Día de Muertos Mexico

Día de Muertos

Día de Muertos

The Day of the Dead is one of Mexico’s most beloved holidays. It’s a festival full of vibrant colors and ancient traditions, which runs from October 31 to November 2. The meaning of the Day of the Dead for Mexicans is deep and encompasses culture, tradition, community and celebration dating back 3,000 years, according to Villa del Palmar. As part of the tradition, the dead are joyfully remembered and their lives celebrated.

After someone died, the Aztecs believed that souls entered an afterlife that was not far from the real world. Souls were able to remain close to their families, and at the beginning of each summer, families established shrines to honor their departed loved ones.

The celebration is renowned in Mexico and the world. Locals and tourists travel and visit Mexico during this time to be a part of the incredible festivities.

The Secretary of Tourism of the Government of Mexico, Miguel Torruco Marqués, has announced that the upcoming Día de Muertos festivities in Mexico, spanning from October 27 to November 2, 2023, are projected to generate an impressive 41,198 million pesos in economic benefit from the consumption of tourist services. This estimation was reported in a press release by the Ministry of Tourism on October 22, 2023.



During this period, an influx of 2,367,000 tourists is expected to stay in hotels, representing a 1.4% increase compared to the same period in 2019. The economic benefit from lodging is anticipated to reach 3,751 million pesos, with a nationwide hotel occupancy rate of 58.3%.




Prominent events and traditions, including the Desfile de Día de Muertos and the Alumbrada en Mixquic in Mexico City, as well as the Desfile de Canoas and illuminated altars in Janitzio, Michoacán, are highlighted as some of the most representative attractions.



Notably, 1,749,000 of the estimated tourists staying in hotels are expected to be national, accounting for 73.9% of the total, while 619,000 are projected to be international visitors, constituting 26.1% of the total.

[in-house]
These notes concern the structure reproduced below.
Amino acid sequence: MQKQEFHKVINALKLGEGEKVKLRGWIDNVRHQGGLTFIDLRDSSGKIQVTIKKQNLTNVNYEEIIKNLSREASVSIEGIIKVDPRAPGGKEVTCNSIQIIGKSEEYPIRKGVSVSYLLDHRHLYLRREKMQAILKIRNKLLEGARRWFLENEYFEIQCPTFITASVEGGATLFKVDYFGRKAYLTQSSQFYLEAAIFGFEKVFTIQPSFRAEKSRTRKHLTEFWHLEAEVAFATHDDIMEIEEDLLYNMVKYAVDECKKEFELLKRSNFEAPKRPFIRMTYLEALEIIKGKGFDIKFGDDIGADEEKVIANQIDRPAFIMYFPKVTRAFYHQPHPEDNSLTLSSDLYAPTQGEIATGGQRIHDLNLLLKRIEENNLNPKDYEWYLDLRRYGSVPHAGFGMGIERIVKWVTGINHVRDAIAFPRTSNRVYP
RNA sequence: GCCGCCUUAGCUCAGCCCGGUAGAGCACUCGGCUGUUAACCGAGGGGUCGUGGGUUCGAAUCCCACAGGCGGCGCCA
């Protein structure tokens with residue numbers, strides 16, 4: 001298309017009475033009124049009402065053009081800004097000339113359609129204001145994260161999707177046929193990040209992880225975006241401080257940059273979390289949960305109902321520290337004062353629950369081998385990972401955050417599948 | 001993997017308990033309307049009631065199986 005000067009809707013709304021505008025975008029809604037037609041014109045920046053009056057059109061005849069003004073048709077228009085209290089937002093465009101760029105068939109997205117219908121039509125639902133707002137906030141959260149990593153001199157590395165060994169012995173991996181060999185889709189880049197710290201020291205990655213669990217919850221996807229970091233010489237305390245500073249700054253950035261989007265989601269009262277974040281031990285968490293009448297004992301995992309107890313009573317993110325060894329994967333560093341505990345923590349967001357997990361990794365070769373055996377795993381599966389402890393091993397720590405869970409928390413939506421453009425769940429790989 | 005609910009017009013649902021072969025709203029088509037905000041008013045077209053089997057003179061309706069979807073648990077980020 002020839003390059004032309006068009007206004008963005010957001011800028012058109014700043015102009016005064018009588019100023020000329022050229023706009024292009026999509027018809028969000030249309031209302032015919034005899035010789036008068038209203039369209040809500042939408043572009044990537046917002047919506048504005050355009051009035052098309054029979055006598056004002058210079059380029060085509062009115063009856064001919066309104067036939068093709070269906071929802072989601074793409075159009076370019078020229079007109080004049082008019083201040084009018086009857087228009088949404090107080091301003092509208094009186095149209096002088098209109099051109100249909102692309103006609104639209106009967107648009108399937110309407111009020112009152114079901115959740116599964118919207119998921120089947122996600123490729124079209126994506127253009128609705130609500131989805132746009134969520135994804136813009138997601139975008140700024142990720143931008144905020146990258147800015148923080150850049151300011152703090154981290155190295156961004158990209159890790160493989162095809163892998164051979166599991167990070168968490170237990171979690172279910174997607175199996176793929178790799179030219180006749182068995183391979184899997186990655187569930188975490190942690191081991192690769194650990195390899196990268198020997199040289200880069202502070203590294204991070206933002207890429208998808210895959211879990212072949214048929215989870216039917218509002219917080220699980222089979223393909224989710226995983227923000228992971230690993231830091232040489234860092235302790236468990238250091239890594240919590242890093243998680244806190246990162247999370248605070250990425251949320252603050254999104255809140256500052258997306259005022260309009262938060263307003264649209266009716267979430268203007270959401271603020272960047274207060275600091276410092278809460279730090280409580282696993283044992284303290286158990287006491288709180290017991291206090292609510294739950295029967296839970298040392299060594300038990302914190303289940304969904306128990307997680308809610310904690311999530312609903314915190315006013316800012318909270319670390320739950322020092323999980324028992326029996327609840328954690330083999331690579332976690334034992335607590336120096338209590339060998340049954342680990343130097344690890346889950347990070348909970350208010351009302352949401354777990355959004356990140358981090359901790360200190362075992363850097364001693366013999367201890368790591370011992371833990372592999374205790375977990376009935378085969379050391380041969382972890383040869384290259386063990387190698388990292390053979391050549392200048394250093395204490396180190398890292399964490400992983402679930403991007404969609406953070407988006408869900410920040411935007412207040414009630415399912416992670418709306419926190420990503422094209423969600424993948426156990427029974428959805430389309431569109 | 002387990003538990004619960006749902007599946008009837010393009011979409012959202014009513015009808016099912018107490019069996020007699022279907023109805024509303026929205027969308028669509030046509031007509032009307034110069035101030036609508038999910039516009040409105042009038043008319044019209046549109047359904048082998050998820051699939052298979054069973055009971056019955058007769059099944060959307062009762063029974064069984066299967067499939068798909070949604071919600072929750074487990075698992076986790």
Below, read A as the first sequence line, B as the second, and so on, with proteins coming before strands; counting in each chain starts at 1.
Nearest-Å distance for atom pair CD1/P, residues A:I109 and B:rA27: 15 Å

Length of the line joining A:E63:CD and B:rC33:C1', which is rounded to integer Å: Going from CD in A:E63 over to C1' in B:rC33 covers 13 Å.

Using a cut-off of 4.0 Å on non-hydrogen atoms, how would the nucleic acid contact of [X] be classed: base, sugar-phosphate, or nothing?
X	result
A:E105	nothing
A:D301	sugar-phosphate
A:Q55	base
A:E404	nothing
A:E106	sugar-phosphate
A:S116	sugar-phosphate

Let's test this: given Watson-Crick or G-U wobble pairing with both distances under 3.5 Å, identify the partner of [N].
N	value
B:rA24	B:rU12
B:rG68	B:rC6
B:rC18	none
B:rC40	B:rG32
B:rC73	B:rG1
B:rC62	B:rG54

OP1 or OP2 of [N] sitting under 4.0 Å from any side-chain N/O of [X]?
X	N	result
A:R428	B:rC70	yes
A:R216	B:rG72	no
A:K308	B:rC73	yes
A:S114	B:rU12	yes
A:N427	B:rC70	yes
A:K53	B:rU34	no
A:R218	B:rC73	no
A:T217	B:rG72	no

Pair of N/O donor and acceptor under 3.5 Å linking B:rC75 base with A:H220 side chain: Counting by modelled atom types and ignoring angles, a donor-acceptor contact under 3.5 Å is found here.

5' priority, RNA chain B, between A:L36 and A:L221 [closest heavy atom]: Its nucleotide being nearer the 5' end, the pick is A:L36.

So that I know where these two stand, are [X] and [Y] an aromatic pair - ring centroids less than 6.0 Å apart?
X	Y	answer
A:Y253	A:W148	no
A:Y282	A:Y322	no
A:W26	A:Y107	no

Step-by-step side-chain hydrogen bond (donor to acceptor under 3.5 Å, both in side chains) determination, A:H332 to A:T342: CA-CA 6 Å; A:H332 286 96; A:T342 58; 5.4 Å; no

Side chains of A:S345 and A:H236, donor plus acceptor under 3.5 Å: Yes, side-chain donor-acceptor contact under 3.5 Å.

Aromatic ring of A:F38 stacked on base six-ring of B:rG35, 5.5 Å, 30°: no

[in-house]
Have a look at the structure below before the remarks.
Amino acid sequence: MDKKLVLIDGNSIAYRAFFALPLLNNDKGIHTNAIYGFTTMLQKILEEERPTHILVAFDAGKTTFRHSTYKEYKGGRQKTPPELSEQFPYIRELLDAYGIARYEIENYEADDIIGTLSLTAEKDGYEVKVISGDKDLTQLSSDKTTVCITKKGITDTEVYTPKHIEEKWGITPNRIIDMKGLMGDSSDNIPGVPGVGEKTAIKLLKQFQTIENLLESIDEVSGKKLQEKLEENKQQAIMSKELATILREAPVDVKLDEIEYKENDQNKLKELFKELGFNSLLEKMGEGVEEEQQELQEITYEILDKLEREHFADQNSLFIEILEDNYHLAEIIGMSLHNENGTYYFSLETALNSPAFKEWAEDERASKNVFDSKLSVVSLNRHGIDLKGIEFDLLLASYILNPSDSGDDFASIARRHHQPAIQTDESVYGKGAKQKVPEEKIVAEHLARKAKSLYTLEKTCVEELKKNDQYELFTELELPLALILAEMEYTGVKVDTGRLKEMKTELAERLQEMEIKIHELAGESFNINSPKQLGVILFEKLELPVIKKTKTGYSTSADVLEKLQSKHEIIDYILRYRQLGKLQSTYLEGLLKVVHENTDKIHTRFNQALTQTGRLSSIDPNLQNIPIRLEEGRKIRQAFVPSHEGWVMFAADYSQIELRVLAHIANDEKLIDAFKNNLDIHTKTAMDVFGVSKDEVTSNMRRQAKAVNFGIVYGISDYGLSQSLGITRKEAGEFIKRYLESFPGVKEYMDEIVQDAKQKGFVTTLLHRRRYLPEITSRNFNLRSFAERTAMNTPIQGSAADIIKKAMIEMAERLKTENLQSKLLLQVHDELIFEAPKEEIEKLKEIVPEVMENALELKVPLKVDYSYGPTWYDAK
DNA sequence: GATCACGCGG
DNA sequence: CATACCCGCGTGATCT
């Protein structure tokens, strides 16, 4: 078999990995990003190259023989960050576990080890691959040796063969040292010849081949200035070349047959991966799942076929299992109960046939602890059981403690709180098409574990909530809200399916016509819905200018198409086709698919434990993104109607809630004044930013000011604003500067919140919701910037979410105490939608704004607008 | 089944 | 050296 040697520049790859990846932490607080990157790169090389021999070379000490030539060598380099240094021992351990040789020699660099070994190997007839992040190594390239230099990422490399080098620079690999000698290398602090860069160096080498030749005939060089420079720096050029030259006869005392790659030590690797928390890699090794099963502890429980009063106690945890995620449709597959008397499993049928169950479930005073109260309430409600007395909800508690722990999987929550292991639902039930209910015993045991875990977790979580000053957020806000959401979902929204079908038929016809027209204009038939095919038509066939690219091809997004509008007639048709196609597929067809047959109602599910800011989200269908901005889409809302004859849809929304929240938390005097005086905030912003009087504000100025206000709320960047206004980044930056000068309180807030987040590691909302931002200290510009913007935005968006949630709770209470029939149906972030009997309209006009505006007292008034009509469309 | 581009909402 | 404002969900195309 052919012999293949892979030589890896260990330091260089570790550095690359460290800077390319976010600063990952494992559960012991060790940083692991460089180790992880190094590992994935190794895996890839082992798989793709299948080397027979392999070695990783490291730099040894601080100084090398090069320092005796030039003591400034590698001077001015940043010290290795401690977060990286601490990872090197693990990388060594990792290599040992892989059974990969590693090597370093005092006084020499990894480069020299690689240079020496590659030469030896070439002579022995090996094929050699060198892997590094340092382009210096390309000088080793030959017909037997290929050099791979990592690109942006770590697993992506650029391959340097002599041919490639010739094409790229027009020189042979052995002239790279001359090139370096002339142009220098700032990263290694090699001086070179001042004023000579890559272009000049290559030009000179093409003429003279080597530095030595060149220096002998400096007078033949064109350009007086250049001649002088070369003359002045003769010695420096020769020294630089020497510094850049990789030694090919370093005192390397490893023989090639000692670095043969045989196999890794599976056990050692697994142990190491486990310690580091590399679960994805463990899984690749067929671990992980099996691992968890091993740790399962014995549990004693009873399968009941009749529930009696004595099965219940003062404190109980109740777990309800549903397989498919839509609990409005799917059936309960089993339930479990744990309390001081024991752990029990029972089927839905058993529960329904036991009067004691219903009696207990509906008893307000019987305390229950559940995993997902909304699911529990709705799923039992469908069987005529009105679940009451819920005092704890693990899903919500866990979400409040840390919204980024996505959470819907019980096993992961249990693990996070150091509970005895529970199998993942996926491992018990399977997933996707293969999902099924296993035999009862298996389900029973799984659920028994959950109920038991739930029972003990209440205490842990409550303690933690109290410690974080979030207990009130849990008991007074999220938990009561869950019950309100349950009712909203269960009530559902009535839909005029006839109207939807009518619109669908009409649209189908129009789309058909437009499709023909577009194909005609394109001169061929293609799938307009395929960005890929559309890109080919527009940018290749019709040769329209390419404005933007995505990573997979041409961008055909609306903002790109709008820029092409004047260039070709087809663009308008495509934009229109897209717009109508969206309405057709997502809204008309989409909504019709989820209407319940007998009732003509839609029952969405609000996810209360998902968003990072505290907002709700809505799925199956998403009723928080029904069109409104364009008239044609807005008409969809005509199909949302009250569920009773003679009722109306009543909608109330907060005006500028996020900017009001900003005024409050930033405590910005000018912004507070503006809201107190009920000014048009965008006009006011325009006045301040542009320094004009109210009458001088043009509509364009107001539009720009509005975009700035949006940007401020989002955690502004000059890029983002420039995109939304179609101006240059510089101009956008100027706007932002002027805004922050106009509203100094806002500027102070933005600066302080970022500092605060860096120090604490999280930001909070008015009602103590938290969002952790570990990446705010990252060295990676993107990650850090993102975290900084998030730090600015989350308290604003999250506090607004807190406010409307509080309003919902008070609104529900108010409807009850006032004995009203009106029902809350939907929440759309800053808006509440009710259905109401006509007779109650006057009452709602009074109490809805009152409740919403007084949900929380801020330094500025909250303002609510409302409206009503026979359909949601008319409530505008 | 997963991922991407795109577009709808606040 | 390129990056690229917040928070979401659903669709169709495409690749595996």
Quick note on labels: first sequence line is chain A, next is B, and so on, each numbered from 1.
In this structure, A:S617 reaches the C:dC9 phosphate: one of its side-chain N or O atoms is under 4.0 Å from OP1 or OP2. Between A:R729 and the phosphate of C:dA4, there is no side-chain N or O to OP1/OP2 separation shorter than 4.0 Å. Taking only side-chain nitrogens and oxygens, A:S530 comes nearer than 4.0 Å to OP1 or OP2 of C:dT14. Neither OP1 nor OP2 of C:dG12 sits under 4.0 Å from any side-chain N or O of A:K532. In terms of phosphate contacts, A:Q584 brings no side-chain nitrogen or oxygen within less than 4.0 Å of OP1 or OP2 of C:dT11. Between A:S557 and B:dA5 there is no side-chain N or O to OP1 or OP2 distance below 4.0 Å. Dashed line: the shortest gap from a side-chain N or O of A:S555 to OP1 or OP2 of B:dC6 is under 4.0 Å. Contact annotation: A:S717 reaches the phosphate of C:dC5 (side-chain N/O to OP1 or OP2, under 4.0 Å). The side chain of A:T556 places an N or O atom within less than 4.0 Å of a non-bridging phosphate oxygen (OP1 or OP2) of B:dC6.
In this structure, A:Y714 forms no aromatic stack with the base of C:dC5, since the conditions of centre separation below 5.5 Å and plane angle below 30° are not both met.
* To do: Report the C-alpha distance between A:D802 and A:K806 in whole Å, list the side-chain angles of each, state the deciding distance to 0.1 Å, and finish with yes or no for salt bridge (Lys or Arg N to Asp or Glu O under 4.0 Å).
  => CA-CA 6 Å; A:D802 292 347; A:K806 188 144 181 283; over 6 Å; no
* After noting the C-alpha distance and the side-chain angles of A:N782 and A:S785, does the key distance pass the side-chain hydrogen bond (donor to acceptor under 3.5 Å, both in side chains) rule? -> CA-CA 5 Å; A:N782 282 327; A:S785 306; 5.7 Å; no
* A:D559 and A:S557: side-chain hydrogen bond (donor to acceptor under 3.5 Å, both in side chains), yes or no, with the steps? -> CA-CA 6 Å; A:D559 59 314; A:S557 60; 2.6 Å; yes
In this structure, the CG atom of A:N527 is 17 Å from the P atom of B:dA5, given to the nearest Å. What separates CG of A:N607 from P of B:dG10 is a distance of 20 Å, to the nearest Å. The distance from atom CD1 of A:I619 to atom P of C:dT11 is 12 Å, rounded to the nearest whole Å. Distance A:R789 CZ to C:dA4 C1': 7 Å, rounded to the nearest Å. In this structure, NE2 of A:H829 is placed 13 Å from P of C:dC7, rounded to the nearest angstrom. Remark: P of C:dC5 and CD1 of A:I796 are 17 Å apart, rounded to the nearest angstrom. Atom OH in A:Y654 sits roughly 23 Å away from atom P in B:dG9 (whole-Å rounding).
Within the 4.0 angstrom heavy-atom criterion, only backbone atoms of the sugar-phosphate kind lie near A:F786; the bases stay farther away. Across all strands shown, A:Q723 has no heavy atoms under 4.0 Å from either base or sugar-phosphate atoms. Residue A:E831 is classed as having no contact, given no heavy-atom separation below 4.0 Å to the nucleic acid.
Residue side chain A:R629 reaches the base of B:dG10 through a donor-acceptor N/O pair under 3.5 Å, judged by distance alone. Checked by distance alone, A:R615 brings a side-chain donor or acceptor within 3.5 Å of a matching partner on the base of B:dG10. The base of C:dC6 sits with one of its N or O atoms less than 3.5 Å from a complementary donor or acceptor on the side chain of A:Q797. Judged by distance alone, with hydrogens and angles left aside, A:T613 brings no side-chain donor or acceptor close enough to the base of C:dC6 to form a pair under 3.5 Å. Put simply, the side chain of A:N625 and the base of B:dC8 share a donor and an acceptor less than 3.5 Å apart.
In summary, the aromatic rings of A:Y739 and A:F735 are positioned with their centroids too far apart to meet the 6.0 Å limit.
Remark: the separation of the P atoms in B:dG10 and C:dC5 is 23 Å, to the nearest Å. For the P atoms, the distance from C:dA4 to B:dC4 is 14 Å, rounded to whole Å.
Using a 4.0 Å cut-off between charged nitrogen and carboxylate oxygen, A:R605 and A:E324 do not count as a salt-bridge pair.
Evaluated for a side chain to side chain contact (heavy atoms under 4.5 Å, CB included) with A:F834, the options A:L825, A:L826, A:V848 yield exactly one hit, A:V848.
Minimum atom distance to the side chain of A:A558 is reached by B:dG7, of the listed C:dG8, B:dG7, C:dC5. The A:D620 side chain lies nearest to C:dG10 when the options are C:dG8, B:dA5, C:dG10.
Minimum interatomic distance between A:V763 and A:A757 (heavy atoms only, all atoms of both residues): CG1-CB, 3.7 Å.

Additionally, it is anticipated that 2,690,000 national tourists will opt for alternative forms of accommodation such as visiting family and friends or staying in second homes.



The total number of national tourists traveling throughout Mexico during the Day of the Dead festivities is expected to reach 4,440,000. Furthermore, it is estimated that an additional 310,000 tourists, both national and international, will choose shared economy accommodation options.



Miguel Torruco Marqués emphasizes that the Day of the Dead festivities play a pivotal role in attracting tourists to Mexico. Día de Muertos was inscribed in 2008 on the Representative List of the Intangible Cultural Heritage of Humanity (originally proclaimed in 2003).

The festivities commemorate the temporary return to Earth of deceased relatives and loved ones, including pets. The celebration takes place each year at the end of October to the beginning of November.

UNESCO describes Intangible Heritage as providing communities with a feeling of identity and continuity. The objective of including the tradition on the list is to make the public aware of the importance of oral and intangible heritage and the need to safeguard it.

The recognition encourages countries to create national inventories and adopt legal measures to protect the tradition and encourage the participation of artists and performers in the definition and revitalization of their intangible heritage.




Some of the standout activities in various Mexican destinations include the Day of the Dead Parade in Mexico City, scheduled for November 4th, commencing from the Puerta de los Leones in Chapultepec and concluding at the Capital Zócalo. In San Andrés Mixquic, Mexico City, the traditional Alumbrada event is a unique experience with the only illumination being provided by candles and lanterns in the cemetery.